|This is a baby me. |
Photo by Dad probably
Her first Australian child she had in Papua New Guinea, in a hospital. Though if she'd known that the labour ward was the only one with air conditioning she would have pretended to be in labour about six months earlier.
Her third Australian child she had in Sydney, the fourth in Darwin and the fifth and sixth Australian children she had in Canberra. (Dad was in the Navy. We moved a lot back then.)
My Mum is Australian because her Dad was Australian. Her nationality no more of her doing than mine. Same story with my Dad. And their parents. Before that there was a little more proactivity with various great or great great grandparents leaving a life that was okay but not brilliant in England or Ireland to come out to Australia and provide opportunities for their children that they wouldn't get 'back home'.
They came on boats. They were looking for a better life.
After World War II - the Germans, the Poles, the Ukrainians, the 'ten pound Poms'. And more.
In the 50s and 60s - the Hungarians, the Czechoslovakians. And more.
In the 70s and 80s - the Vietnamese, the Chileans, the El Salvadorians. And more.
In the 90s and 00s - the Bosnians, the Croatians, the Iraqis, the Sudanese, the Burmese. And more.
You look at the surnames of our sporting heroes, our politicians, our singers, our celebrities, our colleagues, our teachers, our friends... pretty much all of them from families only in Australia for 225 years at best.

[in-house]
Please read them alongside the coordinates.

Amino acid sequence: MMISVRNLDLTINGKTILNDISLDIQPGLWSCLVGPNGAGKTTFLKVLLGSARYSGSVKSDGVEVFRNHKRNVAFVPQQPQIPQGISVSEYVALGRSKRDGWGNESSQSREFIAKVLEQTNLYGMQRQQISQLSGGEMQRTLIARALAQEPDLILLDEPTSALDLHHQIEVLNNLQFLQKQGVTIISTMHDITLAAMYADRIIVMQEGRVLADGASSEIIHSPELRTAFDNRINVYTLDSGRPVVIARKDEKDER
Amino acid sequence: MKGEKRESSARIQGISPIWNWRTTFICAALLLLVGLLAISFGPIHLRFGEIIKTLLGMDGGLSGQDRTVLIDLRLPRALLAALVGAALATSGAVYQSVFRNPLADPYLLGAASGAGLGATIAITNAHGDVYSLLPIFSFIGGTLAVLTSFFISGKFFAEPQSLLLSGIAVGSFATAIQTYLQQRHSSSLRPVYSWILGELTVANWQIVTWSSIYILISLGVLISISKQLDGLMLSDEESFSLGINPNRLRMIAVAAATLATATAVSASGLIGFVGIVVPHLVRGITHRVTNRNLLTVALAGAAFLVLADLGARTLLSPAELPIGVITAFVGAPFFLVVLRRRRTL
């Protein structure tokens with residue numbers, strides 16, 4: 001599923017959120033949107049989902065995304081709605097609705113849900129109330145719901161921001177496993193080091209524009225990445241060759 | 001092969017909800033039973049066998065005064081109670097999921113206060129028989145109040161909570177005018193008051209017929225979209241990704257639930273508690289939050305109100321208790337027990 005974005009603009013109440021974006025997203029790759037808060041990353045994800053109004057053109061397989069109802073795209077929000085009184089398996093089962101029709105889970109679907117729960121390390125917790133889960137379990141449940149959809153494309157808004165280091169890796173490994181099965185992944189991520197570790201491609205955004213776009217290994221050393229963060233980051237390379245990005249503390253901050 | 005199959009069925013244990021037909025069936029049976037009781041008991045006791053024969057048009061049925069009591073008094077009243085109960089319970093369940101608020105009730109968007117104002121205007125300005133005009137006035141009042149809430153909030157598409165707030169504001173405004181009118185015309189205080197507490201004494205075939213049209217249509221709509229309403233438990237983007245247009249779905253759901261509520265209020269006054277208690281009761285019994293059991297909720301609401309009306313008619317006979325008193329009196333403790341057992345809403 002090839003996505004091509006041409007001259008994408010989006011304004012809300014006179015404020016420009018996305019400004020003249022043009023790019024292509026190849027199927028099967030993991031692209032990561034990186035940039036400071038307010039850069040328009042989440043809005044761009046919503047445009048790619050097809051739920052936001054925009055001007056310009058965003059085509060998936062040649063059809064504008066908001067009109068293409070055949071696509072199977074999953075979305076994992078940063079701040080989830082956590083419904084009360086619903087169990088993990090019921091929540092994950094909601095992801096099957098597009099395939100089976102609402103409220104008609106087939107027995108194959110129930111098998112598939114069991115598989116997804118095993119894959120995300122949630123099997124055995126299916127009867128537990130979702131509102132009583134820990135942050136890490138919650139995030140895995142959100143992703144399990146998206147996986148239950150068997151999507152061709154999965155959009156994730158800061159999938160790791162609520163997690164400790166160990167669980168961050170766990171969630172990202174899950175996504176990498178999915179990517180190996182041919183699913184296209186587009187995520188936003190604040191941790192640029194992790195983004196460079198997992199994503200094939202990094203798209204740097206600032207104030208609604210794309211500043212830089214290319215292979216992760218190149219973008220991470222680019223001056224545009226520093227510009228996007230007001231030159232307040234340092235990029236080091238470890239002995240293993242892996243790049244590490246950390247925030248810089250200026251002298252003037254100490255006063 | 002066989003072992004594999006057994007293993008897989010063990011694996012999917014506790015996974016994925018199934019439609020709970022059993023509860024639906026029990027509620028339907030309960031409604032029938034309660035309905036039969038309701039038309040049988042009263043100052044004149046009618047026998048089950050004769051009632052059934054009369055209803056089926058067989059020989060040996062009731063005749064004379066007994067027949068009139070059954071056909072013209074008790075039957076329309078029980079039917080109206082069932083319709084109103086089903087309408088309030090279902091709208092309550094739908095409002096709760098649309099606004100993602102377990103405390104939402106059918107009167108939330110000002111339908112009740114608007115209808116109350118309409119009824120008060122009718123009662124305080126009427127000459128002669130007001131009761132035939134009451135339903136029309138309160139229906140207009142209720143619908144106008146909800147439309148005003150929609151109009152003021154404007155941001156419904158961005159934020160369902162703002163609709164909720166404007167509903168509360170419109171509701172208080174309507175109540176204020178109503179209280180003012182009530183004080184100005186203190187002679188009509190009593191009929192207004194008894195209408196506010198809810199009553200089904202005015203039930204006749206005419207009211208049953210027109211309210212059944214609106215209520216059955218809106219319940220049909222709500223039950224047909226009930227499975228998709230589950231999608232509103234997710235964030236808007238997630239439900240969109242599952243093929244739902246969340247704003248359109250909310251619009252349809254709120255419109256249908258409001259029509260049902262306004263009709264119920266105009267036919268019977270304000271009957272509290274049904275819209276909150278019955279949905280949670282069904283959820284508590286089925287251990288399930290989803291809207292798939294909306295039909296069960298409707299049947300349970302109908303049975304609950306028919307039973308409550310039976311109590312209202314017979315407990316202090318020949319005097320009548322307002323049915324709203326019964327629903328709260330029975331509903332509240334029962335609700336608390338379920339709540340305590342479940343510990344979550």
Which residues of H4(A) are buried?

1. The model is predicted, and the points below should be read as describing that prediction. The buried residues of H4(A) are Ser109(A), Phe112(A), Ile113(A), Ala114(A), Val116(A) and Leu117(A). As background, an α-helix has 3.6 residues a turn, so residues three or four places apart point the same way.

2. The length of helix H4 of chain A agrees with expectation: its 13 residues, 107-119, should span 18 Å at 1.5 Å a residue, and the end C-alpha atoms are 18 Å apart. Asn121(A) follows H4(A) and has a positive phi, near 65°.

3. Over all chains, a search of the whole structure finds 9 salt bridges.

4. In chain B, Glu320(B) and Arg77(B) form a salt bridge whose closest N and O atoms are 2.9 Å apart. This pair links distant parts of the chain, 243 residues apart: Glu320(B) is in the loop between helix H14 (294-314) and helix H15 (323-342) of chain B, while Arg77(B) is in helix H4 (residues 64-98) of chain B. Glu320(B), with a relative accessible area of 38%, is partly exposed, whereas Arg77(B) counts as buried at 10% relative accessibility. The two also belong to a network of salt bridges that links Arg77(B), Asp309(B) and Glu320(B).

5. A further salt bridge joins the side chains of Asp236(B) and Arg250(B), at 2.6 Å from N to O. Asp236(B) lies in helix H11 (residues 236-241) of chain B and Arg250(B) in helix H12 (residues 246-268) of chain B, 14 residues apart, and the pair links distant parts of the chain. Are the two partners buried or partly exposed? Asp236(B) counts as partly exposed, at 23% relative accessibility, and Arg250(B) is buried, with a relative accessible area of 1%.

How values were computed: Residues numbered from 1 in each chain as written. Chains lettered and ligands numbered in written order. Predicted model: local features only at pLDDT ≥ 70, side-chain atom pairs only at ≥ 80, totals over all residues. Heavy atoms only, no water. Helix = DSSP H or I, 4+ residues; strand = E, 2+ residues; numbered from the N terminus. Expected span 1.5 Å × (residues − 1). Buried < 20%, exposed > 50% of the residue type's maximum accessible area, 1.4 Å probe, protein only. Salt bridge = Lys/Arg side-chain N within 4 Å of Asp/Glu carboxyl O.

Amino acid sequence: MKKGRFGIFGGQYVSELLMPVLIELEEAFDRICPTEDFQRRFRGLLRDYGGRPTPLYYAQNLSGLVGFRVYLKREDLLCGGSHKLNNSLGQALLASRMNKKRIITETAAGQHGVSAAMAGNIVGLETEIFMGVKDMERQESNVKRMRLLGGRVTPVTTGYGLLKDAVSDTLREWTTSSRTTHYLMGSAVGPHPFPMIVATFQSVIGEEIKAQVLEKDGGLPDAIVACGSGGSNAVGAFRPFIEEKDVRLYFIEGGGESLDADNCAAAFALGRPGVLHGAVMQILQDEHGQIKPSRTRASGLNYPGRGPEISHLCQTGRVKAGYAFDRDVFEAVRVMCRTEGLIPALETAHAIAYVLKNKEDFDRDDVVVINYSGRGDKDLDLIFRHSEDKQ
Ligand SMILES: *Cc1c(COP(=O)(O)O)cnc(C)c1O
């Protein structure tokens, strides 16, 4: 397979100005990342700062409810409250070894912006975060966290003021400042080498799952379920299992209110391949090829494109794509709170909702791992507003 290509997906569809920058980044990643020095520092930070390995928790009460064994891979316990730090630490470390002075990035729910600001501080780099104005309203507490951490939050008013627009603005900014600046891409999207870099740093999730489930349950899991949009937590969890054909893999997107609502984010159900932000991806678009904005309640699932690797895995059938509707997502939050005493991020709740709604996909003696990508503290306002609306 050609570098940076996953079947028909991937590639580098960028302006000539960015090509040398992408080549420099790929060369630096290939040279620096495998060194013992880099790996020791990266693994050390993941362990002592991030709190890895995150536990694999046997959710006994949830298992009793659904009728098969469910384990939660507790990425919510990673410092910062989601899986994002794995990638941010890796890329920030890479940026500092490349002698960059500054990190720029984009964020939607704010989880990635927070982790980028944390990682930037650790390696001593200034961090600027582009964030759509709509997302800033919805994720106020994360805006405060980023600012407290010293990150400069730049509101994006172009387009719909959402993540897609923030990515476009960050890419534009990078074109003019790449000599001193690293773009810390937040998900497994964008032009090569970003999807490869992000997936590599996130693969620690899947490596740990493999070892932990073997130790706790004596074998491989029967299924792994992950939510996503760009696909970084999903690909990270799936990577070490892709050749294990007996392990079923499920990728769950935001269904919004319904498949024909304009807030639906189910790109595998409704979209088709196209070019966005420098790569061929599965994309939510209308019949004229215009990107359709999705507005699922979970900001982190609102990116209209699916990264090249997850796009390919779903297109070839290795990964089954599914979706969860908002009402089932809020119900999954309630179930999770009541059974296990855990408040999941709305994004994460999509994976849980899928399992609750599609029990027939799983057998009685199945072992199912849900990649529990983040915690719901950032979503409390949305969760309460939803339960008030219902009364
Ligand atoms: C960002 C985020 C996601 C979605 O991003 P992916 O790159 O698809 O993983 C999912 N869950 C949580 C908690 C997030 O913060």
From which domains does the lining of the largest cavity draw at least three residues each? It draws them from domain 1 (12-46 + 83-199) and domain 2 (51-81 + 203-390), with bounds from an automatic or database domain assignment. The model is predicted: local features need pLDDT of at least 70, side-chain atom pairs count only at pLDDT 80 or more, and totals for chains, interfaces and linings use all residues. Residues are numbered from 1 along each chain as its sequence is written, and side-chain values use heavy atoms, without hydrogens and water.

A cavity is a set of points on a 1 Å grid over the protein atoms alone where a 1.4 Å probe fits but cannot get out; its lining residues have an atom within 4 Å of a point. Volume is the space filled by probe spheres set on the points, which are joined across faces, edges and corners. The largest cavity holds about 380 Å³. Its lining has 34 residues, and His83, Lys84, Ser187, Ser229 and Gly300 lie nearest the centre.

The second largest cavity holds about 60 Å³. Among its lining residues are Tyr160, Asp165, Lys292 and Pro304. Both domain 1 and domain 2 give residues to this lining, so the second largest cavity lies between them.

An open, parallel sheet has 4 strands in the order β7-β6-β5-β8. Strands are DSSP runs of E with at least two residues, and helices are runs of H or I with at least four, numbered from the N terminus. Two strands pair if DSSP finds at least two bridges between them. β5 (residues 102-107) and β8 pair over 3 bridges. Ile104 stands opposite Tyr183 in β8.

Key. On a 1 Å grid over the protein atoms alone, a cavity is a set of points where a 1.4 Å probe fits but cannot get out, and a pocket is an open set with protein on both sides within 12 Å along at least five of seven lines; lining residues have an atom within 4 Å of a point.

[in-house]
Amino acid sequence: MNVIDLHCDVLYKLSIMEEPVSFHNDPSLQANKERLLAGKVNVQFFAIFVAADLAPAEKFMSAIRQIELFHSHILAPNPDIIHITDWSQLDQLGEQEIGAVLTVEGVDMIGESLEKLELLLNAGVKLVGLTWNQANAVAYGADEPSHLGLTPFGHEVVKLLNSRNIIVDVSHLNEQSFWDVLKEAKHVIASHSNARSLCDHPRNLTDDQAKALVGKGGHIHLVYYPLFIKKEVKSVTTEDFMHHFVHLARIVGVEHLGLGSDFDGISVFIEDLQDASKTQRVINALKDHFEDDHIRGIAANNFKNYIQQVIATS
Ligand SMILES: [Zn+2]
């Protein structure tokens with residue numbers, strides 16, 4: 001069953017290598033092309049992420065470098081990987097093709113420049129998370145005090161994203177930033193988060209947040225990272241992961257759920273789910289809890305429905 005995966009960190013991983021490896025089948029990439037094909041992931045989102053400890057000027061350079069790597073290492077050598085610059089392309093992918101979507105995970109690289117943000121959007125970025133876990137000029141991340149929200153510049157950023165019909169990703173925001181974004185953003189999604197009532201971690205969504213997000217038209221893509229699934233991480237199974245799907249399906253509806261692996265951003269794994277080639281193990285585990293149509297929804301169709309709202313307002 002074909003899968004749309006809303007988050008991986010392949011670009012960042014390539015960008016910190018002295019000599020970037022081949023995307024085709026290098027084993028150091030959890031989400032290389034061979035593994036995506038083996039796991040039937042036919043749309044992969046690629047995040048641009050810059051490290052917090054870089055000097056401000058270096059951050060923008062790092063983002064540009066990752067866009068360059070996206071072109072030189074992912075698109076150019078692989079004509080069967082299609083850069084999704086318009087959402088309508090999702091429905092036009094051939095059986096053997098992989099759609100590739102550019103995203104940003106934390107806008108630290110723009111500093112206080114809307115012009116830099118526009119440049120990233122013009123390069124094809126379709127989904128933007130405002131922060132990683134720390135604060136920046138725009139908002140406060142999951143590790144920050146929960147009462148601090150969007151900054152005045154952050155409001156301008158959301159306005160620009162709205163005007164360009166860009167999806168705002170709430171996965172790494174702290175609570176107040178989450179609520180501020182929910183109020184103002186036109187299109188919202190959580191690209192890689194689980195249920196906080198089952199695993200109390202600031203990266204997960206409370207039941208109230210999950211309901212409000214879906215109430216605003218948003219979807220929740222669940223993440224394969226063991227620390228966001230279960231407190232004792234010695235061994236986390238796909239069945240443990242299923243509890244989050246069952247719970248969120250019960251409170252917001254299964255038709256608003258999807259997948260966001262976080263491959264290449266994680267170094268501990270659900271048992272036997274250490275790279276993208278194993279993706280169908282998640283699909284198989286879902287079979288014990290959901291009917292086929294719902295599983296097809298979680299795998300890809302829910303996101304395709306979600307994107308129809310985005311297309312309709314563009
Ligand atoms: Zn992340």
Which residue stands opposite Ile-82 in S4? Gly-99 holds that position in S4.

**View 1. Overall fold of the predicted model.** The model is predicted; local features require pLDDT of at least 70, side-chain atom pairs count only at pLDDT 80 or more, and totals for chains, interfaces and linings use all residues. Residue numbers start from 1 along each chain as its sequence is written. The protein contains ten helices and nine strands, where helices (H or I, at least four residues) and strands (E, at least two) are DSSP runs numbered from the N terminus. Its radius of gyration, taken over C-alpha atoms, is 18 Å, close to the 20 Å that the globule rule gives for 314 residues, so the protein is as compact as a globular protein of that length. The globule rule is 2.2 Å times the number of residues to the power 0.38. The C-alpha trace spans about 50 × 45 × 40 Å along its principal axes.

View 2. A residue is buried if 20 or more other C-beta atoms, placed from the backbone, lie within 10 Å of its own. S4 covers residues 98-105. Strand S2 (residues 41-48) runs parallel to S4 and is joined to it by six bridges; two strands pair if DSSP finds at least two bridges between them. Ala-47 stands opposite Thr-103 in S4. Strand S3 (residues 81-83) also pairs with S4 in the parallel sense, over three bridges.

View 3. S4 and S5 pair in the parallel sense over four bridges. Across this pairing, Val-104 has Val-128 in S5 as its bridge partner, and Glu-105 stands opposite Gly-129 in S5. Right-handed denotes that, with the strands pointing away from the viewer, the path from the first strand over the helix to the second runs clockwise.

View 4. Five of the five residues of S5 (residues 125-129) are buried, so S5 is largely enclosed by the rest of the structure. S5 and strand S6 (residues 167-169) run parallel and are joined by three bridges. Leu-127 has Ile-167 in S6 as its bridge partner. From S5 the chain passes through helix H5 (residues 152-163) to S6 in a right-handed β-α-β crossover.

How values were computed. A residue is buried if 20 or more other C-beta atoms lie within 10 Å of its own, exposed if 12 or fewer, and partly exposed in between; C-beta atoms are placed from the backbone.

Which is nothing. It doesn't make Australia 'ours'.
It means that if you're more than first generation Australia you've been damn lucky somebody before you thought coming here was a good idea.
Our political landscape is full of clowns but I can say that out loud without needing to fear for my life. I think our religious institutions need to catch up with the real world but I can say that without needing to fear for my life. I can discuss the differences between Sydney-siders and Melbournites - disparagingly if I choose and yet those differences won't see me in fear for my life. I can see that my skin is whiter than that of my friends and yet, that skin colour doesn't mean anything apart from regular sunburn. If I look at the opportunities available for my daughters and decide that they would be better elsewhere - I don't need to sell my soul to the devil or risk my life and theirs to change that for them.
I am lucky to be Australian. I am not special. I am not unique. I am not more worthy. I am just lucky.
And I don't know that if I'd been exposed to the fear, the violence, the death, the hatred, the uncertainty, the poverty, the prejudice that I would be strong enough to start anew, and not only do that but continue to believe in the good in people and to actively pursue a life in which I am a good person, a giver, a contributor, a neighbour, a mother, a daughter, a colleague and a friend. Like the vast majority of refugees.
I'd like to believe that I am that person - but I have not and am unlikely to ever be tested in that way.
I try to be an active citizen, but I do that with the luxury of luck. I didn't choose to be Australian. I just am.
And for that I am grateful.
But not as grateful, as appreciative as those that have known a different life. A different reality.
And so instead of buying into the media and political rhetoric of fear, prejudice, racism and bigotry - I choose to be somebody that says 'Welcome'. I choose to celebrate the diversity of people, of food, of songs, of culture, of fashion, of dance. The media and politicians saying 'Go back', 'bugger off', 'we have no room' do not speak for me. They speak not of my values. They speak not of my ethics. They speak not of the Australia I want for me and my family.
I speak for me. And I say 'Welcome'.
* Check out how you can be nicer than our media says we are